Jake Schwartz | Crain's Washington D.C.

In this ongoing series, we ask executives, entrepreneurs and business leaders about mistakes that have shaped their business philosophy.

Jake Schwartz

Background:  

Founded in 2011, General Assembly provides online courses in app building, basic coding skills, business development, data science, front-end development, technology and web design through in-person or online workshops and intensives. General Assembly has 15 campuses worldwide. In North America, that includes locations in Atlanta, Austin, Boston, Denver, Los Angeles, San Francisco, Seattle and Washington, D.C.

The Mistake:

In 2013, we expanded to Berlin. It was the first time where we had gone into a new city and things didn’t immediately start to work.  

It was early on in our evolution. We were growing a mile a minute and jumped in and did it. We had this mission to be global. Berlin is one of the best cities in the world to work in. It has a vibrant startup community. We had a big corporation (Deutsche Telekom) that really encouraged us to come with a big financial incentive. I think that check was for $500,000. It seemed like a no-lose proposition.

We hadn’t really done our homework on what the market was like, what were the attitudes about education in Germany and what were some of the attitudes around paying for education?

First, nobody in Germany really pays for higher education. We had a massive amount of price sensitivity surrounding that. In that first year, we were hoping to have four courses running with about 100 students. And then run a bunch of classes and weekend workshops with maybe another 200 or 300 students on top of that.  There was tons of interest and people thought it was cool. Then people would call up and say they wanted to enroll and say, “Oh, I thought this was free!”

Second, the salaries of developers and tech workers in Berlin is about half of what it is in other major cities. The entire premise of our company is return on investment for your education. You invest time and money up front, and you get a salary increase and a better job on the other end of it. So the problem with Berlin was if their salaries were cut in half that meant that our pricing was cut in half. If the price is cut in half that meant we had to double our volume just to make it worth it.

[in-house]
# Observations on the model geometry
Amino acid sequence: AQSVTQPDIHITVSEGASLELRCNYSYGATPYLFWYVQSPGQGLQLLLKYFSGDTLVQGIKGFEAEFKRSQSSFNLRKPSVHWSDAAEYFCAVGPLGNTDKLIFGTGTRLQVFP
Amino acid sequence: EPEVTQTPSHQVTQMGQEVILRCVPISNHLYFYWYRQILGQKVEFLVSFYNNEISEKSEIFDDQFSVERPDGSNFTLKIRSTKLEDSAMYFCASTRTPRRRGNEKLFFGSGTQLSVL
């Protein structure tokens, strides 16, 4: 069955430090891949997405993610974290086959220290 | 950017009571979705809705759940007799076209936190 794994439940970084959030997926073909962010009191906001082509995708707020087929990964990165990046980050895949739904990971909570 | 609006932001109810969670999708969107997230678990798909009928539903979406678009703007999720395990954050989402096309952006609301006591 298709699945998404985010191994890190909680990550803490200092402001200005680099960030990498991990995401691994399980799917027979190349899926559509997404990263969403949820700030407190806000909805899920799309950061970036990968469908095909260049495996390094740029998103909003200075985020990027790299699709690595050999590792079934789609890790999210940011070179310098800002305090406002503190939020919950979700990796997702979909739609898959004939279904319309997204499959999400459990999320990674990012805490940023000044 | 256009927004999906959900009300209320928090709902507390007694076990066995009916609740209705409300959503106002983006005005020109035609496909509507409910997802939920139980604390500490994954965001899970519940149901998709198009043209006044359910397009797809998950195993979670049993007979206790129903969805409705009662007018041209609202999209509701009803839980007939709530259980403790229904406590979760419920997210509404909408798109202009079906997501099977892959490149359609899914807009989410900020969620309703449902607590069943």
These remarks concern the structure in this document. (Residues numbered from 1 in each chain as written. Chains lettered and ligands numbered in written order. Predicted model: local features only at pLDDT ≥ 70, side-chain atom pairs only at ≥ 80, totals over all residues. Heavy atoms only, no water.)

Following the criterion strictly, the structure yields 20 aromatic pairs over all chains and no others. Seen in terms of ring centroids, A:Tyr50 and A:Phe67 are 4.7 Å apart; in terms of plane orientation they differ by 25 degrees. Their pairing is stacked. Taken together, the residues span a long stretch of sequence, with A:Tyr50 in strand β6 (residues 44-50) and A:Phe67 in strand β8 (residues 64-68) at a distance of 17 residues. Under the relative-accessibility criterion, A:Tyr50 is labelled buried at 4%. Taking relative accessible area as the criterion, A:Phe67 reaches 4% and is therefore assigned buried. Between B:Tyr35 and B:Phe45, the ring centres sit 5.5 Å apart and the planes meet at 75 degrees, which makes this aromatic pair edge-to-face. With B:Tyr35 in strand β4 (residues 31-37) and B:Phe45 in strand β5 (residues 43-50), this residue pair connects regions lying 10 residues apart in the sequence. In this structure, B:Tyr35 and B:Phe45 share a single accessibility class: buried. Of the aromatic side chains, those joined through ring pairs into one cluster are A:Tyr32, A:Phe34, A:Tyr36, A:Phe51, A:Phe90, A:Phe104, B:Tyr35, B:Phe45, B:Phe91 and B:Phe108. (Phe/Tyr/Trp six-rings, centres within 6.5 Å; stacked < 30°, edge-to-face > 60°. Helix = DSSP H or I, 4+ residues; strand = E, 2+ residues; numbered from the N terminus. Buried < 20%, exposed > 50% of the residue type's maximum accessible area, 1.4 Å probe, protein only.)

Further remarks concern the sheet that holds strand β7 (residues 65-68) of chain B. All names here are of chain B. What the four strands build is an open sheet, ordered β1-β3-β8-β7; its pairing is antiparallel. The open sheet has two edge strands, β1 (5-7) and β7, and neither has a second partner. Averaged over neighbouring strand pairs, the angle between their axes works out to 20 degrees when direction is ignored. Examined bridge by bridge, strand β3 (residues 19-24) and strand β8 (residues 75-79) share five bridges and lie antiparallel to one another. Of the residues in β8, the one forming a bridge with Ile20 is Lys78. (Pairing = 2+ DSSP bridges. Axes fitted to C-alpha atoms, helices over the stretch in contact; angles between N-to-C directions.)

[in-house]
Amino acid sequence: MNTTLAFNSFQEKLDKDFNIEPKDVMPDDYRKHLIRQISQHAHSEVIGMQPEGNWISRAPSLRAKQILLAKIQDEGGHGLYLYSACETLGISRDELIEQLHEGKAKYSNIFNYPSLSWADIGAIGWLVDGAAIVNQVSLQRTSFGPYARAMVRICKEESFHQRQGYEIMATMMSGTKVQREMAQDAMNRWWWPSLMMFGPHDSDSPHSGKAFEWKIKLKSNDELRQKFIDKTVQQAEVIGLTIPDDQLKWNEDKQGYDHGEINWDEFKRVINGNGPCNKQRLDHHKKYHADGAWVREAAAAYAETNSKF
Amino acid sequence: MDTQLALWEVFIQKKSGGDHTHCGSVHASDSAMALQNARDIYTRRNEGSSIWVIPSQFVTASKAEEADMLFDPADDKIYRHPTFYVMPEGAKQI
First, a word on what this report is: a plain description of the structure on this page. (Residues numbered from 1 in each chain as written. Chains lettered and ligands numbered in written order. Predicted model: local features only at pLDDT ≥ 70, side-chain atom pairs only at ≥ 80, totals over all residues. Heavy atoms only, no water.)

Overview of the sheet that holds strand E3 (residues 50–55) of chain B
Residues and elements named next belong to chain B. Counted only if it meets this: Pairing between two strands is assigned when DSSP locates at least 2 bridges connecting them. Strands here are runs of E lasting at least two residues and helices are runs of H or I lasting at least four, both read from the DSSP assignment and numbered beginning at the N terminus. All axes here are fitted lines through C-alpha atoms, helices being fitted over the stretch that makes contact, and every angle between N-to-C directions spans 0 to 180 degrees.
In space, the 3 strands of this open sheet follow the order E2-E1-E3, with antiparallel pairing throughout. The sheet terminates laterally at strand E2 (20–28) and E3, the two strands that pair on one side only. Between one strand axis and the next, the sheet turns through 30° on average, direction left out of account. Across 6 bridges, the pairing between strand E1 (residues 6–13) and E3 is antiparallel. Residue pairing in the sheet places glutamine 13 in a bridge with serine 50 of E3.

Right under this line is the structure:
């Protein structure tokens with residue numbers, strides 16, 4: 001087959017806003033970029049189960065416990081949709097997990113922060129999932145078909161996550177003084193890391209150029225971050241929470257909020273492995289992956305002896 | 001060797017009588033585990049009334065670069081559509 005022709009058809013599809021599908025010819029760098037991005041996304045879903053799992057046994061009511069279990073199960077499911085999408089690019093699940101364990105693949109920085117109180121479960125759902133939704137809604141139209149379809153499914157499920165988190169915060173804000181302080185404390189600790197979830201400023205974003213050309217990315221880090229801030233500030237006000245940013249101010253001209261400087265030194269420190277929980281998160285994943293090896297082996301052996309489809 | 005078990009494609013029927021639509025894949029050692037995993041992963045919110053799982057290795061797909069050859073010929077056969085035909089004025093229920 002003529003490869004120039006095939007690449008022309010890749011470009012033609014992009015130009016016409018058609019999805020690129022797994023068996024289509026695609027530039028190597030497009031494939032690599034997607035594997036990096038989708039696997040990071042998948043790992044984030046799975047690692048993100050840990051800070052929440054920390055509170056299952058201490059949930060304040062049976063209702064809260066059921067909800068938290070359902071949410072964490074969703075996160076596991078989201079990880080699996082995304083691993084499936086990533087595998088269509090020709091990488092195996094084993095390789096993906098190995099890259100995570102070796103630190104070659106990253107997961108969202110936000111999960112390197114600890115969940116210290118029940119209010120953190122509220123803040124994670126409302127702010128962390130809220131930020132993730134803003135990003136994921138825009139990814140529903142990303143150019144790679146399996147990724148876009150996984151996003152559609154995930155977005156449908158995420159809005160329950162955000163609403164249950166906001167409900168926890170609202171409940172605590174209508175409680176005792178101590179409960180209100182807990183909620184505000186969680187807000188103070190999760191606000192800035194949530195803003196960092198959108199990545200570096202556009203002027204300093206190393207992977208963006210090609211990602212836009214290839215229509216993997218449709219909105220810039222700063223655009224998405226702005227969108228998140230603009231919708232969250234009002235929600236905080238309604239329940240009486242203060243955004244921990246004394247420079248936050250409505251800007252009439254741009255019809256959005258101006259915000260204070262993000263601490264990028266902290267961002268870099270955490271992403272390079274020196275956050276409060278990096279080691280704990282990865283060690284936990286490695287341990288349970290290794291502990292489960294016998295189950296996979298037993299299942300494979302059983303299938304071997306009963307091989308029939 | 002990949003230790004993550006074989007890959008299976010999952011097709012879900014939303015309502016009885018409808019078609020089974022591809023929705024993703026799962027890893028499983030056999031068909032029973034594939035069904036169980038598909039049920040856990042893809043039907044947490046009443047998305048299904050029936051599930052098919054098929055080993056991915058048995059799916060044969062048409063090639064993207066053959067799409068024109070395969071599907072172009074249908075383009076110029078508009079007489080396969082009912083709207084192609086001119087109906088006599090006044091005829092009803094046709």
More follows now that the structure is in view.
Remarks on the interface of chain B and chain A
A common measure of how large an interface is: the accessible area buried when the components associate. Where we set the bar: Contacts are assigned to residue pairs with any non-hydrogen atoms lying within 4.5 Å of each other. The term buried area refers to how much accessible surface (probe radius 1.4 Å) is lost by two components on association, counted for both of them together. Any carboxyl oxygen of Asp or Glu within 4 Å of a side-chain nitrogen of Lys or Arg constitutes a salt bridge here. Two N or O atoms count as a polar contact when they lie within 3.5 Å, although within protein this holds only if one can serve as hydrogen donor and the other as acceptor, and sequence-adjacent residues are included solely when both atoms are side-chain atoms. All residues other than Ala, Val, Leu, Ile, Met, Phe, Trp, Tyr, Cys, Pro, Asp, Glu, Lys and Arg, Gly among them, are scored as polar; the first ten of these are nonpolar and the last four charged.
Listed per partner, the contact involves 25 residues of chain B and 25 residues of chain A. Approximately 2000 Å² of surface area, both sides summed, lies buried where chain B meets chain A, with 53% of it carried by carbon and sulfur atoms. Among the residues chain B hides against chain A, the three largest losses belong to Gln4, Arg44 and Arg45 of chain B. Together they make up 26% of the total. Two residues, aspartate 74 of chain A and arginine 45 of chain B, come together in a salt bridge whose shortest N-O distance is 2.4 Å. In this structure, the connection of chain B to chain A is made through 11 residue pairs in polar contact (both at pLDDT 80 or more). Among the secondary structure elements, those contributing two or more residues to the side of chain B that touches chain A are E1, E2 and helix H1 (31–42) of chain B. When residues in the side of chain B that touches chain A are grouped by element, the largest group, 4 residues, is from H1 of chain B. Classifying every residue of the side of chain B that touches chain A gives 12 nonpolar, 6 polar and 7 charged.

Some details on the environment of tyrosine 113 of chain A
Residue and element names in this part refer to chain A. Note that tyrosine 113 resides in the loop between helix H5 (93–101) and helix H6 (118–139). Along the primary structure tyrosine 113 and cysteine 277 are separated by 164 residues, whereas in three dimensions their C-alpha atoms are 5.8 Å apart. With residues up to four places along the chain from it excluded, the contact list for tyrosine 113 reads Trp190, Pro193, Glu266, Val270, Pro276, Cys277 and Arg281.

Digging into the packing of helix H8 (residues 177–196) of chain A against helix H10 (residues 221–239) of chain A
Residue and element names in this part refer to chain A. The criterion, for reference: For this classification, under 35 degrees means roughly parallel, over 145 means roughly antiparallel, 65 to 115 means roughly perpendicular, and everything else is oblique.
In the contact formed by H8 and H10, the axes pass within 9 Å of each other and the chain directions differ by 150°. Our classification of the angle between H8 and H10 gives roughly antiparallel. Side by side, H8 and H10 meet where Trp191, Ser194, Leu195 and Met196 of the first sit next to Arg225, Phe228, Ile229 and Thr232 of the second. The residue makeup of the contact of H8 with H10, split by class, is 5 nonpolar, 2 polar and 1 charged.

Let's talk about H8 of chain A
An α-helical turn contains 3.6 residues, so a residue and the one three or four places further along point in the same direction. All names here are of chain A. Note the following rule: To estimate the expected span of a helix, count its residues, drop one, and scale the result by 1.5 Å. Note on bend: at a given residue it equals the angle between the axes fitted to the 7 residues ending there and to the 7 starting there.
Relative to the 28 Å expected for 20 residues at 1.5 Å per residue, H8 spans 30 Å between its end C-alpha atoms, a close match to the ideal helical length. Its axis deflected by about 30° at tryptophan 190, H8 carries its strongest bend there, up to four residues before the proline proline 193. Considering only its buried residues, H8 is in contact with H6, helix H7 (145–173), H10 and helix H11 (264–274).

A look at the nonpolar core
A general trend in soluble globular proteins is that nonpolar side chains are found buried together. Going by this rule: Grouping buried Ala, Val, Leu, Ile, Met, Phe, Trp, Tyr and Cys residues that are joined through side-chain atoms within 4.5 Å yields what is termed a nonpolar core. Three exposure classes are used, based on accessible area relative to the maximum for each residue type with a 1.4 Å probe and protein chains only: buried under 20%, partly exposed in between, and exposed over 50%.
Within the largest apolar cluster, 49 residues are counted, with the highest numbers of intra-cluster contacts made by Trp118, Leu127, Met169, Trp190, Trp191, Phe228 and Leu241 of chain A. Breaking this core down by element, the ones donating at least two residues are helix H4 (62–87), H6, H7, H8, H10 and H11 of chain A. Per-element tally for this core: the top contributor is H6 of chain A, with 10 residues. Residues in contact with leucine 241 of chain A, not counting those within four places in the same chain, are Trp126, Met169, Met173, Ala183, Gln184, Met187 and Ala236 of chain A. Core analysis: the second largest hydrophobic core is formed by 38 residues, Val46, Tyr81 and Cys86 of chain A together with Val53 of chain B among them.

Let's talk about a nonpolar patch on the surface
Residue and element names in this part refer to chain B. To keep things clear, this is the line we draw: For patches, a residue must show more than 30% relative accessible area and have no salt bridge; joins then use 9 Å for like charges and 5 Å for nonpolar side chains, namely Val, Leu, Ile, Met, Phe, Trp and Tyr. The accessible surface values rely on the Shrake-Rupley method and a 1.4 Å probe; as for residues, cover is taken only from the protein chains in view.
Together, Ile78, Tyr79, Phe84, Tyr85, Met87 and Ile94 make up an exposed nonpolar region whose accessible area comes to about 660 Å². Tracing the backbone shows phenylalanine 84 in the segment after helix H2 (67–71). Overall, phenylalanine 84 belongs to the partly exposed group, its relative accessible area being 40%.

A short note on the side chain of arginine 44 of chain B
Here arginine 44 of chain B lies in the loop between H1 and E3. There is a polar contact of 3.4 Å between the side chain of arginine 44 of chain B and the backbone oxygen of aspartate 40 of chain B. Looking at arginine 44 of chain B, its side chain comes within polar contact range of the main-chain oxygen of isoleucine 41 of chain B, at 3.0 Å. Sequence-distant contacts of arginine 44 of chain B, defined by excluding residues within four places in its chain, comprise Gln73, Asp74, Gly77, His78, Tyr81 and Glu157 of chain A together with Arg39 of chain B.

On top of that, Germany is not an English-speaking market. It’s funny to talk about it now but at the time we really didn’t think about it.  Managing in a different country, in a different language, is very challenging.

Opportunity cost is the biggest cost you have in a fast-growing company. What you choose not to do and what you choose to do are as important as what’s on your profit and loss lines.

That $500,000 check was the most expensive $500,000 we had received up until that point. We eventually had to pull out. We basically stopped doing international for a while after that.

The order of your growth moves matter.

The Lesson:

Growing adjacently is a lot smarter and safer than trying to conquer the world all at once. You have to be smart about your growth. The order of your growth moves matter. 

After [Berlin], we built an entire framework in a spreadsheet of many different factors for each city we were thinking about. We looked at population size, average developer salaries, amount of venture capital deals, presence of Fortune 500 companies, and presence of universities. We built a scoring framework against it. What that allowed us to do was get a giant list of all the places we could go, rank the ones most likely to succeed and go after those first. It also gave us a more disciplined way to say no.

[The Berlin experience] shook us a little bit on international. I think Singapore was our next country. We’re now actively looking at other international markets again. We’re expanding in Australia., where we’ve gone from Sydney to Melbourne to several others.

Follow Jake Schwartz on Twitter at @jakeschwartz

Photo courtesy of Jake Schwartz.